2730

                Keep eye on ball.
                Hashim Khan

                Everything not impossible is compulsory

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                • #9
                  A locksmith buddy I knew had a range of regular Schlage passage sets with varying numbers of pins to use for picking practice. I got to where I could unlock a 5 pin basic lock. Even got pretty close to regulary picking the cheap and basic tubular. It's a touch thing that certainly needs regular practice to maintain.

                  Interesting legal point here in Canada.... Possession of a lock picking set in Canada by anyone other than a licensed locksmith is a chargeable offense. And possession of a set of "jimmy bars" used for getting into cars by those other than licensed locksmiths or bonified tow truck drivers while at their job and in their truck is at least a good way to be arrested for suspicion.
                  Chilliwack BC, Canada

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                  • #10
                    I purchased a few purpose made tools eons ago, but have made far more in the years since. The strip of stainless steel that I always rob out of old wiper blades, makes good stock for tool making. It works great for making a variety of tension tools - different lengths and shapes/angles work better on different locks and with different user techniques, so make several and see what works best for you.
                    Location: North Central Texas

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                    • #11
                      I am pretty good at picking your normal everyday issue locks. All these new fancy dancy locks I have no idea if I could open one. Lately anytime I needed to open a lock I used my Makita locking picking tool. Works every time! What I used to be real good at was opening safes with combination locks. Again nothing real elaborate just normal locks.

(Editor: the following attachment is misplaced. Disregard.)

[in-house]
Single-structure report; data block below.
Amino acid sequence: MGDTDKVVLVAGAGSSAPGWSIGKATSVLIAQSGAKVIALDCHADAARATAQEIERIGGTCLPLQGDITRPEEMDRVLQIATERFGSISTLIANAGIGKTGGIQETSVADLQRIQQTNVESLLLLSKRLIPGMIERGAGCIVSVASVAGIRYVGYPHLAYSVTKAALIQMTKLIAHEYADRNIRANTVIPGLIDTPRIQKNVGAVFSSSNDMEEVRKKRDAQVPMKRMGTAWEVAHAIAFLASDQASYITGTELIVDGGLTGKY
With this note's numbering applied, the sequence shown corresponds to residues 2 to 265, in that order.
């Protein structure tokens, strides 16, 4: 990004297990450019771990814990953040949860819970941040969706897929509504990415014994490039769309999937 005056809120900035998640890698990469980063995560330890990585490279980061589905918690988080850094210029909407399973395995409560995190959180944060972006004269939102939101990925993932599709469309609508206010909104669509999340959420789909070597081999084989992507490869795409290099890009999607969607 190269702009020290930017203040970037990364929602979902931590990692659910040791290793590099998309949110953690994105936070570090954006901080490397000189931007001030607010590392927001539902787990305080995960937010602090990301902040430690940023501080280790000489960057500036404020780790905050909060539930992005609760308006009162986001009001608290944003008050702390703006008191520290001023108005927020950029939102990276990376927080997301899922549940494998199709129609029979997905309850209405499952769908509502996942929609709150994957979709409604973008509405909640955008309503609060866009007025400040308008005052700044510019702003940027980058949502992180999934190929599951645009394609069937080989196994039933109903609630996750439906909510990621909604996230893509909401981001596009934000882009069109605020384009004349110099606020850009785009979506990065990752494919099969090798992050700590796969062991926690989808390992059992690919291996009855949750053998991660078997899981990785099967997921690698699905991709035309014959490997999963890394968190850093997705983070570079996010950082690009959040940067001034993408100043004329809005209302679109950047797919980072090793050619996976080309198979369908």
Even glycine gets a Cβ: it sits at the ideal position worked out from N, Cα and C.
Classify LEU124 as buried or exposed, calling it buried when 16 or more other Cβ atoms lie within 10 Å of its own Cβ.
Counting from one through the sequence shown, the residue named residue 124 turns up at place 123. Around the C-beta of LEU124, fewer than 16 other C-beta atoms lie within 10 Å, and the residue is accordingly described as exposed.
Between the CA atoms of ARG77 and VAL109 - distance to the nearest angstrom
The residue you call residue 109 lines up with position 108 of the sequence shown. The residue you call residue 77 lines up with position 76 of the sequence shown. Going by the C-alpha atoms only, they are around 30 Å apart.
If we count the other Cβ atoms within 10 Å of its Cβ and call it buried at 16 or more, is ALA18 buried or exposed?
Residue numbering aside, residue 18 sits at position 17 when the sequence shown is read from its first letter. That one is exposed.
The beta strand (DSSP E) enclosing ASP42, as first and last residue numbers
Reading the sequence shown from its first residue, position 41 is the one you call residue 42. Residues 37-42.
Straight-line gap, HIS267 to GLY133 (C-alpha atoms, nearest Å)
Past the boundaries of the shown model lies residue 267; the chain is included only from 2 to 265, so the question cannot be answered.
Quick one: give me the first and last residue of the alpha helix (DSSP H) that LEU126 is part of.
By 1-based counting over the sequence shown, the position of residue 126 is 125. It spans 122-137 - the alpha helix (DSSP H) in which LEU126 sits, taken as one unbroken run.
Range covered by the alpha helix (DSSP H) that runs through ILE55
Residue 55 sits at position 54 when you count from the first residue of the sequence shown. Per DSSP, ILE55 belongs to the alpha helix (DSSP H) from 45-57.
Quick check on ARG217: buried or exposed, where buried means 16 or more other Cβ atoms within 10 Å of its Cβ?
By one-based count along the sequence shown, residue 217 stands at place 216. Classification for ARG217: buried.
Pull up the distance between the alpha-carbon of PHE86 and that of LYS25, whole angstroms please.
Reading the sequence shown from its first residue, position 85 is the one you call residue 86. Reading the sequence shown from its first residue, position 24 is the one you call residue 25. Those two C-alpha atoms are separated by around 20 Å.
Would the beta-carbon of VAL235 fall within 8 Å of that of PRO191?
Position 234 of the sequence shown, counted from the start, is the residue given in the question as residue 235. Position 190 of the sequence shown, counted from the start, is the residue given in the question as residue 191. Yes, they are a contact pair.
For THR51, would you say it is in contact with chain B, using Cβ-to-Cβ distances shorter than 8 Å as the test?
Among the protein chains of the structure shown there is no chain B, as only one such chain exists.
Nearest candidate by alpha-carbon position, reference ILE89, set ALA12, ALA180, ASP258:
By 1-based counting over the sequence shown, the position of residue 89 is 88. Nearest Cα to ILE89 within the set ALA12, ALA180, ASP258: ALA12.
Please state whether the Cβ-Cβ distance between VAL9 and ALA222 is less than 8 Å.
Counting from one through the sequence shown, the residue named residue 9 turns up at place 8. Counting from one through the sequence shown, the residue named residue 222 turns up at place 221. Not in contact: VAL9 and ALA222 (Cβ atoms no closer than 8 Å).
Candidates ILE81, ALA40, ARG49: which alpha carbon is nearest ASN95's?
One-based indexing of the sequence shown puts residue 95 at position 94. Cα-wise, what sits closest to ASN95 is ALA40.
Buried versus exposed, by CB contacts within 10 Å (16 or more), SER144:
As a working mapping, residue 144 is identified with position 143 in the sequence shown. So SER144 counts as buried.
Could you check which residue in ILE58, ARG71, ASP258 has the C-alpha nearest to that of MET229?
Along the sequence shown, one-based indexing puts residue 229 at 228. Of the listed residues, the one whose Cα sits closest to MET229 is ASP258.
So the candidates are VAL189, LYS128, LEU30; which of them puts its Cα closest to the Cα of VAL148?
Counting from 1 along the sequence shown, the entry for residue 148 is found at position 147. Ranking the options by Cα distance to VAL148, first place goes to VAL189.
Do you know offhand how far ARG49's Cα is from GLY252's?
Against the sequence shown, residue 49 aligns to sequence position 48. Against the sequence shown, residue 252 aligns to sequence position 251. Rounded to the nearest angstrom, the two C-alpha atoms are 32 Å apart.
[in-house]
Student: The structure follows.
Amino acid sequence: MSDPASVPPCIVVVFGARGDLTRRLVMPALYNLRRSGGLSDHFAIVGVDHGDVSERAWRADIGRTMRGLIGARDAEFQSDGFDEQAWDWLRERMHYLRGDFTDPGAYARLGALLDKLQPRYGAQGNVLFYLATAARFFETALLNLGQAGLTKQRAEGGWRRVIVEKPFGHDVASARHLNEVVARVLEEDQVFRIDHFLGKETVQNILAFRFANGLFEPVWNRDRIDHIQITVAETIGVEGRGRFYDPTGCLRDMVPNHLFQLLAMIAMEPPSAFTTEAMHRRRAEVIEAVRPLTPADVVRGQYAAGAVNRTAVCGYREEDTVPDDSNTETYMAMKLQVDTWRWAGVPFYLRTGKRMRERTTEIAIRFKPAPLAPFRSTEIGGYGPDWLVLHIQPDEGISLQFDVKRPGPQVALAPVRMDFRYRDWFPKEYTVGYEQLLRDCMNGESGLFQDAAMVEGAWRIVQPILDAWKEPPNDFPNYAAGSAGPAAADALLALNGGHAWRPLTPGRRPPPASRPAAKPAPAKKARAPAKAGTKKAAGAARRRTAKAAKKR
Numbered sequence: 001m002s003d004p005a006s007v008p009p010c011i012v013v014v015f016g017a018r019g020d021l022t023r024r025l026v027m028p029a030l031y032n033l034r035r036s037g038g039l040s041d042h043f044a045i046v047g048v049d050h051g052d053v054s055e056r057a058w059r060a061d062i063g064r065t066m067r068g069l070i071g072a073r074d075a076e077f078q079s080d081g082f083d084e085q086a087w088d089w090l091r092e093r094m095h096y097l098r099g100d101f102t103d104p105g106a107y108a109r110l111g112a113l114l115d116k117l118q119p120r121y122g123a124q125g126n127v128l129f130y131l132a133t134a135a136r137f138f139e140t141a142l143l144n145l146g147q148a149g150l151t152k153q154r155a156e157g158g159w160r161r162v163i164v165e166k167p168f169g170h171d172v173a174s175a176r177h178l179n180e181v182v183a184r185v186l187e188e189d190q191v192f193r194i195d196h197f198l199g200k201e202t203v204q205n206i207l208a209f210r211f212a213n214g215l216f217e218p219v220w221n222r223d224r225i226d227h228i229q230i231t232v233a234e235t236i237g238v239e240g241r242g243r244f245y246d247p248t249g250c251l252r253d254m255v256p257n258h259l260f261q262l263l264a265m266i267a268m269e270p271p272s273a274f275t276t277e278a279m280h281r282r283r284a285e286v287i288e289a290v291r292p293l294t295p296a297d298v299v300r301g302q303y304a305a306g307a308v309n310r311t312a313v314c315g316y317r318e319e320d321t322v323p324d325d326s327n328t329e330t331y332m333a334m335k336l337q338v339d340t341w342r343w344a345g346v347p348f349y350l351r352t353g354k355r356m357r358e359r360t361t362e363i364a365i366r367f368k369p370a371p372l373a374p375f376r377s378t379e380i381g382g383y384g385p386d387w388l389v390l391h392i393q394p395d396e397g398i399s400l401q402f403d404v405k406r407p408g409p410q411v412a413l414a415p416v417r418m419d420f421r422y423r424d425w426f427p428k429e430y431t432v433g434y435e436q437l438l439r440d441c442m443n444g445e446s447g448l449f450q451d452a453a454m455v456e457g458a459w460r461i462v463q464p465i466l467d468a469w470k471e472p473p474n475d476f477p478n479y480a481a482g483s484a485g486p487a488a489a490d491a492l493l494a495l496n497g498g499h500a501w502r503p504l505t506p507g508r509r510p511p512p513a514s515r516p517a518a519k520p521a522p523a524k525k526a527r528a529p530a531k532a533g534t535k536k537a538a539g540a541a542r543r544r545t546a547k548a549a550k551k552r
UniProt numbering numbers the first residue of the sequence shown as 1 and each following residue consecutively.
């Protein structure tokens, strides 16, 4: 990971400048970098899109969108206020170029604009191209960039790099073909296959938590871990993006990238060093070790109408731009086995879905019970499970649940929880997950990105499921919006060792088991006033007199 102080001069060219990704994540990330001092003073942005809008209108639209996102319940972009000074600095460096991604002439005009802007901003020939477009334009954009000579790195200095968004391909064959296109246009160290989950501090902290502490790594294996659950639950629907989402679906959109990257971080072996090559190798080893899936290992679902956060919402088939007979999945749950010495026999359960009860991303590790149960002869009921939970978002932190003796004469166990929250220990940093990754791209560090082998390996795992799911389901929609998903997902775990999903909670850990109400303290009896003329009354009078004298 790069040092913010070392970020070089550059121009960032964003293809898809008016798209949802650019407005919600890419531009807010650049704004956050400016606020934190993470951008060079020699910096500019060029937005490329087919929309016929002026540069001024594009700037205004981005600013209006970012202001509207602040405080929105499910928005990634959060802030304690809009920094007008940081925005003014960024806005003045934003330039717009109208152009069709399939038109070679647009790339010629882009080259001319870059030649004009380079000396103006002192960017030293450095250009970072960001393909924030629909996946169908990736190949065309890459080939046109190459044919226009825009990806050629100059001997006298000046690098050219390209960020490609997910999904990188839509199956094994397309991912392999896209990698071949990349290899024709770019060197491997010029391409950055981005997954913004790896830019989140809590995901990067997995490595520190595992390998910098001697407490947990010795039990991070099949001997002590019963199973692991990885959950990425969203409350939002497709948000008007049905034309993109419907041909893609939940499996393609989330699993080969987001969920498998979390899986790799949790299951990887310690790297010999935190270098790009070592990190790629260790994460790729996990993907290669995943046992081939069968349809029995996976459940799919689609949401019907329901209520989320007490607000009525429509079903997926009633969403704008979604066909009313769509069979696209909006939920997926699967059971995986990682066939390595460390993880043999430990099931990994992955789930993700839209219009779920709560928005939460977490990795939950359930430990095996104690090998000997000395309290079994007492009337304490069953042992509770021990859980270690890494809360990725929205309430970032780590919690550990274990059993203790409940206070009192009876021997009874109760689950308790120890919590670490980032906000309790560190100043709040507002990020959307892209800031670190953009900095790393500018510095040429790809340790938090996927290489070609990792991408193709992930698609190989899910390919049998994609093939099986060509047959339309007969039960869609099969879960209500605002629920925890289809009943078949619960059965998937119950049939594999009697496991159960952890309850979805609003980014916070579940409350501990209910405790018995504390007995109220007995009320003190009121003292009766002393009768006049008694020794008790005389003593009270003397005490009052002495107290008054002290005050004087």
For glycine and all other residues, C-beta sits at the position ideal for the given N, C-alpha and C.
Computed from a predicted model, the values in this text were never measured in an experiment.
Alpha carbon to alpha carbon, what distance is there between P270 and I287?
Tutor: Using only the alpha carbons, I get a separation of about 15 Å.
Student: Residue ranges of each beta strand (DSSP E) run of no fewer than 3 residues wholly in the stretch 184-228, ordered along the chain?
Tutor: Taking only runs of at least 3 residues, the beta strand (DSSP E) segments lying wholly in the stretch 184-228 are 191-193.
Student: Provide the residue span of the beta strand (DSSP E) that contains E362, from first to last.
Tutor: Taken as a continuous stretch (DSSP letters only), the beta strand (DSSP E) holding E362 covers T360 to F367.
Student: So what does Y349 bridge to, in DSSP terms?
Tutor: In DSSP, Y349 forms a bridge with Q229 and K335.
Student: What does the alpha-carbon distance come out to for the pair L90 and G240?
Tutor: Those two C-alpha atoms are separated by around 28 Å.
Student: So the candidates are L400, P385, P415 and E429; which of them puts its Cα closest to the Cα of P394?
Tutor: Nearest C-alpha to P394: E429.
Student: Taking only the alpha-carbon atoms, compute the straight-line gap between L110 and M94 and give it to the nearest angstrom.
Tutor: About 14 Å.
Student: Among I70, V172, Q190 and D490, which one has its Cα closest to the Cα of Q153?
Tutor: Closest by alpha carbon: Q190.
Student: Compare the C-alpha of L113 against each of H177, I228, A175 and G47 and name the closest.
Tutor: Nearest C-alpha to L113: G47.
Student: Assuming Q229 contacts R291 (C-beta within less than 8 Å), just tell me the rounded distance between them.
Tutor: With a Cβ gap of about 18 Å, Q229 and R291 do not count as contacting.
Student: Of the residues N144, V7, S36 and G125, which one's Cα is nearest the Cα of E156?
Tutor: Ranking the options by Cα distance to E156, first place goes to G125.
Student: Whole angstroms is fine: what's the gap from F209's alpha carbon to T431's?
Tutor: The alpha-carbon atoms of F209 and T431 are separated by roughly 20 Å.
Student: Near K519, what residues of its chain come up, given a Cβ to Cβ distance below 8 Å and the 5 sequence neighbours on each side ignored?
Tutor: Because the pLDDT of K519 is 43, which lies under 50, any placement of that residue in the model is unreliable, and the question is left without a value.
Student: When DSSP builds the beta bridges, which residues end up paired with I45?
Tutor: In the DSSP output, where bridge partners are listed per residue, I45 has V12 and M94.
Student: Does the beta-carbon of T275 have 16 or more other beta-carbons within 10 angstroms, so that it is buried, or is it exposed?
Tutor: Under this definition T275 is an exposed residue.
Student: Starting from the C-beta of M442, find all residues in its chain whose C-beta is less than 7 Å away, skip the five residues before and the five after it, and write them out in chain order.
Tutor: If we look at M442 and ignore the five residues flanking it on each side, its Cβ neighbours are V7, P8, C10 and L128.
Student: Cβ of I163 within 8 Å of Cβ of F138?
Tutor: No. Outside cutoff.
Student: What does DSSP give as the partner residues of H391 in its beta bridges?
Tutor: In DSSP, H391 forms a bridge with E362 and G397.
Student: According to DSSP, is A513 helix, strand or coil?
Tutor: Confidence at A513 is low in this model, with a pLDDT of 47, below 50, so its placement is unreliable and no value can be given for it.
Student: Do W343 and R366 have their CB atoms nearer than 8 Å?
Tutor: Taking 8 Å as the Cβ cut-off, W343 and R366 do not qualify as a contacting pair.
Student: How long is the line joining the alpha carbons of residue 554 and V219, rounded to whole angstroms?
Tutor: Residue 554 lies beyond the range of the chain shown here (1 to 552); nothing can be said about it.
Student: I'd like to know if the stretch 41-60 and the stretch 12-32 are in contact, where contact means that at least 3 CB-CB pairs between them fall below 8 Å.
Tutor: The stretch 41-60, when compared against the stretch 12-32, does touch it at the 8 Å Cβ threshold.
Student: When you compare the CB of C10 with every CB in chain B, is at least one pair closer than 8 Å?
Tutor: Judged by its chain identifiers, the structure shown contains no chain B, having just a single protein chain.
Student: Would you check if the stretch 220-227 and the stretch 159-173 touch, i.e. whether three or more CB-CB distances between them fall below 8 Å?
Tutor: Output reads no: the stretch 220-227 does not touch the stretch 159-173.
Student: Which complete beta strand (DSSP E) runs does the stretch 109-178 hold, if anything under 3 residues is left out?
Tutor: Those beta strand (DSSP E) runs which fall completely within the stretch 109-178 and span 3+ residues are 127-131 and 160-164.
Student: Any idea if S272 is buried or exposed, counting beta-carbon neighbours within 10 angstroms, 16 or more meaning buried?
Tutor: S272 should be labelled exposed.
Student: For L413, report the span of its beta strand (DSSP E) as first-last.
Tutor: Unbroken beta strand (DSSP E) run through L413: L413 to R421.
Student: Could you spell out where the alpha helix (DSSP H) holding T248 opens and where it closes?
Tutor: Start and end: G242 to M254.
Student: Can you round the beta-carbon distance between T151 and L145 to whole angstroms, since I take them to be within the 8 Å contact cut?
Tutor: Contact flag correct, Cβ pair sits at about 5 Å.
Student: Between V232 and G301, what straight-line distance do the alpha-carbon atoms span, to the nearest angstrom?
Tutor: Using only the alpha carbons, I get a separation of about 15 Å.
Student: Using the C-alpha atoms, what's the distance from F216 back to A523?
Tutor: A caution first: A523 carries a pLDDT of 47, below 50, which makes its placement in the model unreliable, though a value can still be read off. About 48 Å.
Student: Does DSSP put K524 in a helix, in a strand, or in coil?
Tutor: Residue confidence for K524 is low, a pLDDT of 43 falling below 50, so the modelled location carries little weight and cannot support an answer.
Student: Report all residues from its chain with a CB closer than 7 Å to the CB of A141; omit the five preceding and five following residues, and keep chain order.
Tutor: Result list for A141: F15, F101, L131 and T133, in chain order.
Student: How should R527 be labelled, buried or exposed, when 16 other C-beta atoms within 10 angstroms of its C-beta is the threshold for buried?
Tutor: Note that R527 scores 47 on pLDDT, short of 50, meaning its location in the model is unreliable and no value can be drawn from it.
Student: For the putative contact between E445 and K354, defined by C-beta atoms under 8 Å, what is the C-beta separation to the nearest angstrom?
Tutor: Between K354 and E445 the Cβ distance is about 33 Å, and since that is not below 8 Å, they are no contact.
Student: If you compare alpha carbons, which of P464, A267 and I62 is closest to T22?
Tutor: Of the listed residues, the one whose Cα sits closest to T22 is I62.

Location: The Black Forest in Germany

                      How to become a millionaire: Start out with 10 million and take up machining as a hobby!

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                      • #12
                        It's been a pretty long while since I messed around with it. Can still get into a master lock combo lock without issue though, not that that's much of an accomplishment

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                        • #13
                          I played around with it a bit when younger. I never got very good but my daughter got quite interested and competent with simple locks. One of the things she had that helped a lot was a transparent padlock so you could see what you were doing while learning.

                          Brian

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                          • #14
                            I've been picking locks for 40+ years. I like the challenge of finding a locked padlock and getting it open. I can get into a locked file cabinet faster with picks than with a key. When I worked, people would always come get me when they left their cabinet keys at home. Hmmm, I never charged for my services. Maybe I should have unlocked it for free, then charged $5 to lock it back at the end of the day.

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                            • #15
                              Yes